What's the proper style for a library string function?

Mark Lawrence breamoreboy at yahoo.co.uk
Sat Jul 19 20:24:58 CEST 2014


On 19/07/2014 18:38, C.D. Reimer wrote:
> Greetings,
>
> I typically write a Python 2.7 string function in my library like this:
>
>      def getCompletedTime(start, end): return "Time completed:", str(end
> - start)
>
> And called it like this:
>
>      print getCompletedTime(start, end)
>
> Since every Python script I write is executed from the command line, I
> rewrote the string function like this:
>
>      def getCompletedTime(start, end): print "Time completed:", str(end
> - start)
>
> And call it like this:
>
>      getCompletedTime(start, end)
>
> The first version is what I'm familiar with having reluctantly learned
> Java at community college, which couldn't afford a Microsoft site
> license for Visual C++ and taught every class in Java. (The Linux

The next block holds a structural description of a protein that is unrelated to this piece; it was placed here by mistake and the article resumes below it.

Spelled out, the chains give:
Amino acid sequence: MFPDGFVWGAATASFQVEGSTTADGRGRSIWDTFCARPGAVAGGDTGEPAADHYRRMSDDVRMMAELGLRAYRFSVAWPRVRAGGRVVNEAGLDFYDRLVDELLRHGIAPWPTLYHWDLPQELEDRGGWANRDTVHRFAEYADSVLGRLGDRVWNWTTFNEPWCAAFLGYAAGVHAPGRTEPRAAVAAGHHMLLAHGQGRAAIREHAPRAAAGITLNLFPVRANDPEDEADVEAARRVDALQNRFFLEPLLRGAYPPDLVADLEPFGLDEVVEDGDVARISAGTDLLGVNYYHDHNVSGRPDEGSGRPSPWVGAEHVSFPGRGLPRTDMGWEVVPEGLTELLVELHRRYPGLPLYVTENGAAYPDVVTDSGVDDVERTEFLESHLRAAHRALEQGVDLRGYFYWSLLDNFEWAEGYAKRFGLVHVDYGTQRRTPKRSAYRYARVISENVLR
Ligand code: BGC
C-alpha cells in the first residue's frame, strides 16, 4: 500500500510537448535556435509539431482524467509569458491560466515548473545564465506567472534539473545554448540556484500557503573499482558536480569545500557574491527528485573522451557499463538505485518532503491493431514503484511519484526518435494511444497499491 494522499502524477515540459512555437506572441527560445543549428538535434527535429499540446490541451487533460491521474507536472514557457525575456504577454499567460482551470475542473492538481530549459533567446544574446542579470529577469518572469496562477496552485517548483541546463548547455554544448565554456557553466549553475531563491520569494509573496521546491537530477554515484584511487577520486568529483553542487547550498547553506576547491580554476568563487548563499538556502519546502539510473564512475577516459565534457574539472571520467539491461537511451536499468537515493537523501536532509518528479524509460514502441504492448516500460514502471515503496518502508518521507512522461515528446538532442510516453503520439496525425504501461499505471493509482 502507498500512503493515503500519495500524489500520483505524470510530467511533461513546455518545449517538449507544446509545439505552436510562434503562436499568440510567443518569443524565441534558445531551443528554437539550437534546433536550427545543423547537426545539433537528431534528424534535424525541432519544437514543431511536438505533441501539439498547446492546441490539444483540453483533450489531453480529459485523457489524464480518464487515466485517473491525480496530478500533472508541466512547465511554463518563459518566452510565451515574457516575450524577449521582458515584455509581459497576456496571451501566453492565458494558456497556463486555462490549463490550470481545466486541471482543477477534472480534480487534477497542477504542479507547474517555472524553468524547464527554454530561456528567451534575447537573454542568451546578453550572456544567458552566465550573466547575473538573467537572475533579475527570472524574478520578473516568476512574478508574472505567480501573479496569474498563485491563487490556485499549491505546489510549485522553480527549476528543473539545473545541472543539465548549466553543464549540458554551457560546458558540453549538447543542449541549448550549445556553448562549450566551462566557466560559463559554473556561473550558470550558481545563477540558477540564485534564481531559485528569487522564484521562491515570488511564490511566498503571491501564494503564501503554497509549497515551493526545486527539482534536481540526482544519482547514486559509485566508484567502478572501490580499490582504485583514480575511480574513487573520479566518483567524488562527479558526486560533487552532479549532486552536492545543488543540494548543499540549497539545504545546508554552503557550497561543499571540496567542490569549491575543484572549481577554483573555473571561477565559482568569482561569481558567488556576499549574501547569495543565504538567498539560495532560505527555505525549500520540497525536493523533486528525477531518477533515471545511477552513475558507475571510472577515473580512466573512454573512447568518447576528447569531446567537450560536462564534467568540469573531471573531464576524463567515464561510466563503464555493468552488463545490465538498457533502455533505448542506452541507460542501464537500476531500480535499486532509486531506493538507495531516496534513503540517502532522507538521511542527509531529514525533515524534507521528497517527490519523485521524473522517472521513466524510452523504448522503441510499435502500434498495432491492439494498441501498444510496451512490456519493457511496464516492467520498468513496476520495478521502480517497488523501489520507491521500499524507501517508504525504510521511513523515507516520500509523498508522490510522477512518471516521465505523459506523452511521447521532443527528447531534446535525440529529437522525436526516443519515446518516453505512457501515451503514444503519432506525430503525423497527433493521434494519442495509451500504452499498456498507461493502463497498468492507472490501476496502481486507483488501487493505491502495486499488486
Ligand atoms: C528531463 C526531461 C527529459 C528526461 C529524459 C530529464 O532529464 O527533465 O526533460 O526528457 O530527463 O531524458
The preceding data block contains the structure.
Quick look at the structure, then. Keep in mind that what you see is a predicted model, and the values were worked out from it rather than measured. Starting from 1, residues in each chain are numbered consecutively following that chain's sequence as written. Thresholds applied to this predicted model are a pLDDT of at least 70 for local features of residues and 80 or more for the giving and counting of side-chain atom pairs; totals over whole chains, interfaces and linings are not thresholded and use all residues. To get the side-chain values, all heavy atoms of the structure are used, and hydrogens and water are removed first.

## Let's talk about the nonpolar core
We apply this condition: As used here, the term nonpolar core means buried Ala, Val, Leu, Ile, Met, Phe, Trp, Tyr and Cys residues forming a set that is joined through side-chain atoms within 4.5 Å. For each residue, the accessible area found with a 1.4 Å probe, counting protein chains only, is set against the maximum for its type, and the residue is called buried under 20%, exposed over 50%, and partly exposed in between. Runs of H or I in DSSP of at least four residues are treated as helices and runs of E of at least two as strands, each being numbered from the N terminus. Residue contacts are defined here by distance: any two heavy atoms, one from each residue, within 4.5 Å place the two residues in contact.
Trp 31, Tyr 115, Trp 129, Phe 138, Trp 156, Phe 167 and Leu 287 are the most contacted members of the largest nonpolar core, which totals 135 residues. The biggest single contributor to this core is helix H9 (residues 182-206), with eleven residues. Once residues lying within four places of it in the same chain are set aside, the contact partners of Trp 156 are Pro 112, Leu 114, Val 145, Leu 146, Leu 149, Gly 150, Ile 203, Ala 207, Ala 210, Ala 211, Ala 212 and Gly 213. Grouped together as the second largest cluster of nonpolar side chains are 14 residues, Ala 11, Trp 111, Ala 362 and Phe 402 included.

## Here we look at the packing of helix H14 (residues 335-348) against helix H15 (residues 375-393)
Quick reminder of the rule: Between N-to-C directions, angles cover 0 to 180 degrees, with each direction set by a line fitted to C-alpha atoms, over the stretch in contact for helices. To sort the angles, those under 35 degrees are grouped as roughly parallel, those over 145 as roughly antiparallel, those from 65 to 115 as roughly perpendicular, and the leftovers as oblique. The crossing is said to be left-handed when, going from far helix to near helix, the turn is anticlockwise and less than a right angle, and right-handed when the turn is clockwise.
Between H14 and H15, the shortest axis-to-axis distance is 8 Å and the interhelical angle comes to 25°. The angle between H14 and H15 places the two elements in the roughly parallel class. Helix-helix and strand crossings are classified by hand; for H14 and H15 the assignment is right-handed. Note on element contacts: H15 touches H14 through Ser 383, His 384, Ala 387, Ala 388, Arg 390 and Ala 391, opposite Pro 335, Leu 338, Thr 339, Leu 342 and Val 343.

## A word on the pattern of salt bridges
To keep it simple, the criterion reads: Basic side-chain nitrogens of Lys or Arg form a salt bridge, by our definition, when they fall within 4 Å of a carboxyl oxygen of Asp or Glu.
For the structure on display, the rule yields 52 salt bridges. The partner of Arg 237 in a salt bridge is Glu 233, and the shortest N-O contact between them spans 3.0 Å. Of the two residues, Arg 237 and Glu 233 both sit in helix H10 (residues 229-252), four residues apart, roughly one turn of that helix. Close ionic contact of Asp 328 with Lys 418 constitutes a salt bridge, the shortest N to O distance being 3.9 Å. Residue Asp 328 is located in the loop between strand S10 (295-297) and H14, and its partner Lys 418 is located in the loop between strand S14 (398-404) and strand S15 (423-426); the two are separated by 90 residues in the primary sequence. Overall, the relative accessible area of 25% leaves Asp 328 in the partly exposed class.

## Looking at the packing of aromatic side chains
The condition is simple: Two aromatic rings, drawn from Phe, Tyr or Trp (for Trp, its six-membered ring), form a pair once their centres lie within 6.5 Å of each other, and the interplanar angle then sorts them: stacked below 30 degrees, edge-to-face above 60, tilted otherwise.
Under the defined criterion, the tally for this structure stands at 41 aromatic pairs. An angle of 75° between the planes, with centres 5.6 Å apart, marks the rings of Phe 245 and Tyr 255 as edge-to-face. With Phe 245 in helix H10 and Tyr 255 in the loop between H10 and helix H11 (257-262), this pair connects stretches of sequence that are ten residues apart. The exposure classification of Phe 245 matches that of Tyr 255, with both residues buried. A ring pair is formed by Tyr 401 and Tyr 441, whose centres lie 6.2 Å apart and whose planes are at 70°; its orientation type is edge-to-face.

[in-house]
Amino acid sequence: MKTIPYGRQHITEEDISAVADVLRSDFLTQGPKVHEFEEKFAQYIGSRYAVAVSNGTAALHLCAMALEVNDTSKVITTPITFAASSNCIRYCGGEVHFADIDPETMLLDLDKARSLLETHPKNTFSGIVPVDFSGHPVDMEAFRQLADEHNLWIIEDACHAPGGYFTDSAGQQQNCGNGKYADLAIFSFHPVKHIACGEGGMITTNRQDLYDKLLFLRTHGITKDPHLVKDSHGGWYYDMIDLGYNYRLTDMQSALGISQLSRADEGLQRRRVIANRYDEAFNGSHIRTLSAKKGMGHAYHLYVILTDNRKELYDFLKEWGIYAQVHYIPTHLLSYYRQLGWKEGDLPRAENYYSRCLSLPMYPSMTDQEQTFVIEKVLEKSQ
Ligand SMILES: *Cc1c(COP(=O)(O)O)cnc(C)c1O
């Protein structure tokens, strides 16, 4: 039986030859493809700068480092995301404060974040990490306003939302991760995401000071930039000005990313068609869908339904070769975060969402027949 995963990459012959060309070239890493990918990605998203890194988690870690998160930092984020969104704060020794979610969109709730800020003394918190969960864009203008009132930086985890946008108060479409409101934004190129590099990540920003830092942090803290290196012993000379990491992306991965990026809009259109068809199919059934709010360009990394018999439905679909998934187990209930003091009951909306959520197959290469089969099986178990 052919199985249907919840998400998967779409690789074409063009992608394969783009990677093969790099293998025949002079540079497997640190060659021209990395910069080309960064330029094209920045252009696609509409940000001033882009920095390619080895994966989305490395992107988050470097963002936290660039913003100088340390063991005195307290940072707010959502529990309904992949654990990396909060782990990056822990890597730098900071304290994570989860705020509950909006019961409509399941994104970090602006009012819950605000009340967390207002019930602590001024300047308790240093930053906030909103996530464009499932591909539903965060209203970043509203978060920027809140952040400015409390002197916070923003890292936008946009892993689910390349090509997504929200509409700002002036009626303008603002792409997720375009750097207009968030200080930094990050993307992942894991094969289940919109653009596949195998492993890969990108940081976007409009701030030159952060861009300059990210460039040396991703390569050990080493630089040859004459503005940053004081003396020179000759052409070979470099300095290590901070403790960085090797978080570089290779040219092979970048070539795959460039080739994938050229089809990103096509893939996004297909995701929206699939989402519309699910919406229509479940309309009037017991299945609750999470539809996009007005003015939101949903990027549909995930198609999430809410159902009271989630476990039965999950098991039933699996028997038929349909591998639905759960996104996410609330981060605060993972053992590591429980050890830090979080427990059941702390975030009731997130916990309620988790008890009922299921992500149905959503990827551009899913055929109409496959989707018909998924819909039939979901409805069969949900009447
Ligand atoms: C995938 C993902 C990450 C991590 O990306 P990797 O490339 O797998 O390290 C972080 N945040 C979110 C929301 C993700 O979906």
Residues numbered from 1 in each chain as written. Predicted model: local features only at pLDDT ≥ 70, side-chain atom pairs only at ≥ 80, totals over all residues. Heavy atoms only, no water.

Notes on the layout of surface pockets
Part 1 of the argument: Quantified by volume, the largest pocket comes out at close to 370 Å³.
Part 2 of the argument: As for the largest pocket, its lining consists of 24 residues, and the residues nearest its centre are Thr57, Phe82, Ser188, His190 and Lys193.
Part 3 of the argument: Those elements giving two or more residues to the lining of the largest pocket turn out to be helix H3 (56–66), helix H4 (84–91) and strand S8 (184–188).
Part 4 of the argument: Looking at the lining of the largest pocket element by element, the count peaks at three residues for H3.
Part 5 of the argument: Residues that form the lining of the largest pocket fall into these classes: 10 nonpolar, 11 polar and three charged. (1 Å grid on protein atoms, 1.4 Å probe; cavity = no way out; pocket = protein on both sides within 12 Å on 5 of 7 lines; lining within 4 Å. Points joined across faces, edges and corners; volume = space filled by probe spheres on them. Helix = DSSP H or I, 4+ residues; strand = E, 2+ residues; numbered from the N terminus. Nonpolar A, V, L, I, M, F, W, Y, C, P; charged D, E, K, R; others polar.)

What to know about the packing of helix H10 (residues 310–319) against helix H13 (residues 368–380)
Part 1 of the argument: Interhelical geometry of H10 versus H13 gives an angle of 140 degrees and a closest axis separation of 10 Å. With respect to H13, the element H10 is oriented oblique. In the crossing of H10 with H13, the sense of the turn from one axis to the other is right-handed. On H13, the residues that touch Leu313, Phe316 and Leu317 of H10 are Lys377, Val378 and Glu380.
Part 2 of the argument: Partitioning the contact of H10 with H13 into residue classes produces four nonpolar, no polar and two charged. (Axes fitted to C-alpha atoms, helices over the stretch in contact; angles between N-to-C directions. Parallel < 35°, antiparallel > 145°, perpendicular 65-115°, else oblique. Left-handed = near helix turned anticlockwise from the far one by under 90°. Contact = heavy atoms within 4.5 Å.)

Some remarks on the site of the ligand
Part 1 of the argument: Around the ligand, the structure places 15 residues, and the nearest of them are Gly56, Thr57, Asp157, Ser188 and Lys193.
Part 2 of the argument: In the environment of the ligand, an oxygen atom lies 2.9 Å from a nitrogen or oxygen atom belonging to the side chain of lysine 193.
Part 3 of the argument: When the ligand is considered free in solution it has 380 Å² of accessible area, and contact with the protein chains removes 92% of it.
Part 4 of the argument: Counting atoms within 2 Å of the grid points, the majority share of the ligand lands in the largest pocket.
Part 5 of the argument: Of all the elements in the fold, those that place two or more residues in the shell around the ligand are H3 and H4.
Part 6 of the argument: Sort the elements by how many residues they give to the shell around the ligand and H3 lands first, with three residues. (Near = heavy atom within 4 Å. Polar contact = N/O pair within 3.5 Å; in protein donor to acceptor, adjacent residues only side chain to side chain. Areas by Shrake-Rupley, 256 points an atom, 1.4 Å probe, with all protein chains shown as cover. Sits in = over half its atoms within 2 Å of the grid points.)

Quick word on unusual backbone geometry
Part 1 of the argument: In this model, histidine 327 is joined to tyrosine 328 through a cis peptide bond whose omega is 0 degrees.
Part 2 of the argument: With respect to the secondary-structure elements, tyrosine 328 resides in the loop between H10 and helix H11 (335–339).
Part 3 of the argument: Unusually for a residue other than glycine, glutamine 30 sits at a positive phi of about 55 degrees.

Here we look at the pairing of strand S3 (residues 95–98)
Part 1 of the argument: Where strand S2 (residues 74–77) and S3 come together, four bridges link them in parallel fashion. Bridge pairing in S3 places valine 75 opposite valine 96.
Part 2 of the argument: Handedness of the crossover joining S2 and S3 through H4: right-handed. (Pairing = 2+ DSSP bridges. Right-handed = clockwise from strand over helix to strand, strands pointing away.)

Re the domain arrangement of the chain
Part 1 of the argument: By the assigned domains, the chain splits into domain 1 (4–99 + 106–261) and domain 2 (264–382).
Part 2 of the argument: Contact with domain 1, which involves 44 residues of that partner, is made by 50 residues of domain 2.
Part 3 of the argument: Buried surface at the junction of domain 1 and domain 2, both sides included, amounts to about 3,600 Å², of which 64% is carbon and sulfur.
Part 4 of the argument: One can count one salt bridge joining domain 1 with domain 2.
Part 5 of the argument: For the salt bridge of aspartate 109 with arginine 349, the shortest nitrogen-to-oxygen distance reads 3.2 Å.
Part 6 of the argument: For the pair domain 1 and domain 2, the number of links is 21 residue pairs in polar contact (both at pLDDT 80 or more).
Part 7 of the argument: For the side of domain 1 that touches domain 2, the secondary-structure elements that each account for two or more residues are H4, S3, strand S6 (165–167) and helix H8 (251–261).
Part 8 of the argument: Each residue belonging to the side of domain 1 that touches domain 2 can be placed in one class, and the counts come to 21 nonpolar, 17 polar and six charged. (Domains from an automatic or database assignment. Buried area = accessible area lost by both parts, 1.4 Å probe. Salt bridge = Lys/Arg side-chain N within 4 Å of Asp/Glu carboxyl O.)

> instructor rebelled against this policy by teaching basic C/C++ and
> shell scripting in his classes.) I recently read an article that Python
> is replacing Java as a teaching language.
>
> The second version is more straight forward but seems less readable
> (i.e., "print getCompletedTime(start, end)" vs. "getCompletedTime(start,
> end)") from the calling script.
>
> Alternatively, I thought about rewriting the string function to accept
> an extra parameter to do either and default to the print statement.
>
>      def getCompletedTime(start, end, type = 'p'):
>          string = "Time completed: " + str(end - start)
>          if type == 'p':
>              print string
>          else:
>              return string
>
> I'm curious as to what the proper Python style would be for this.
>
> Thank you,
>
> Chris Reimer

Besides that I wouldn't write the function on one line, the first.  Once 
you return your data you can do what you want with it.  The second you 
can only write by default to stdout.  The third is really horrible in my 
book, YMMV.

-- 
My fellow Pythonistas, ask not what our language can do for you, ask 
what you can do for our language.

Mark Lawrence

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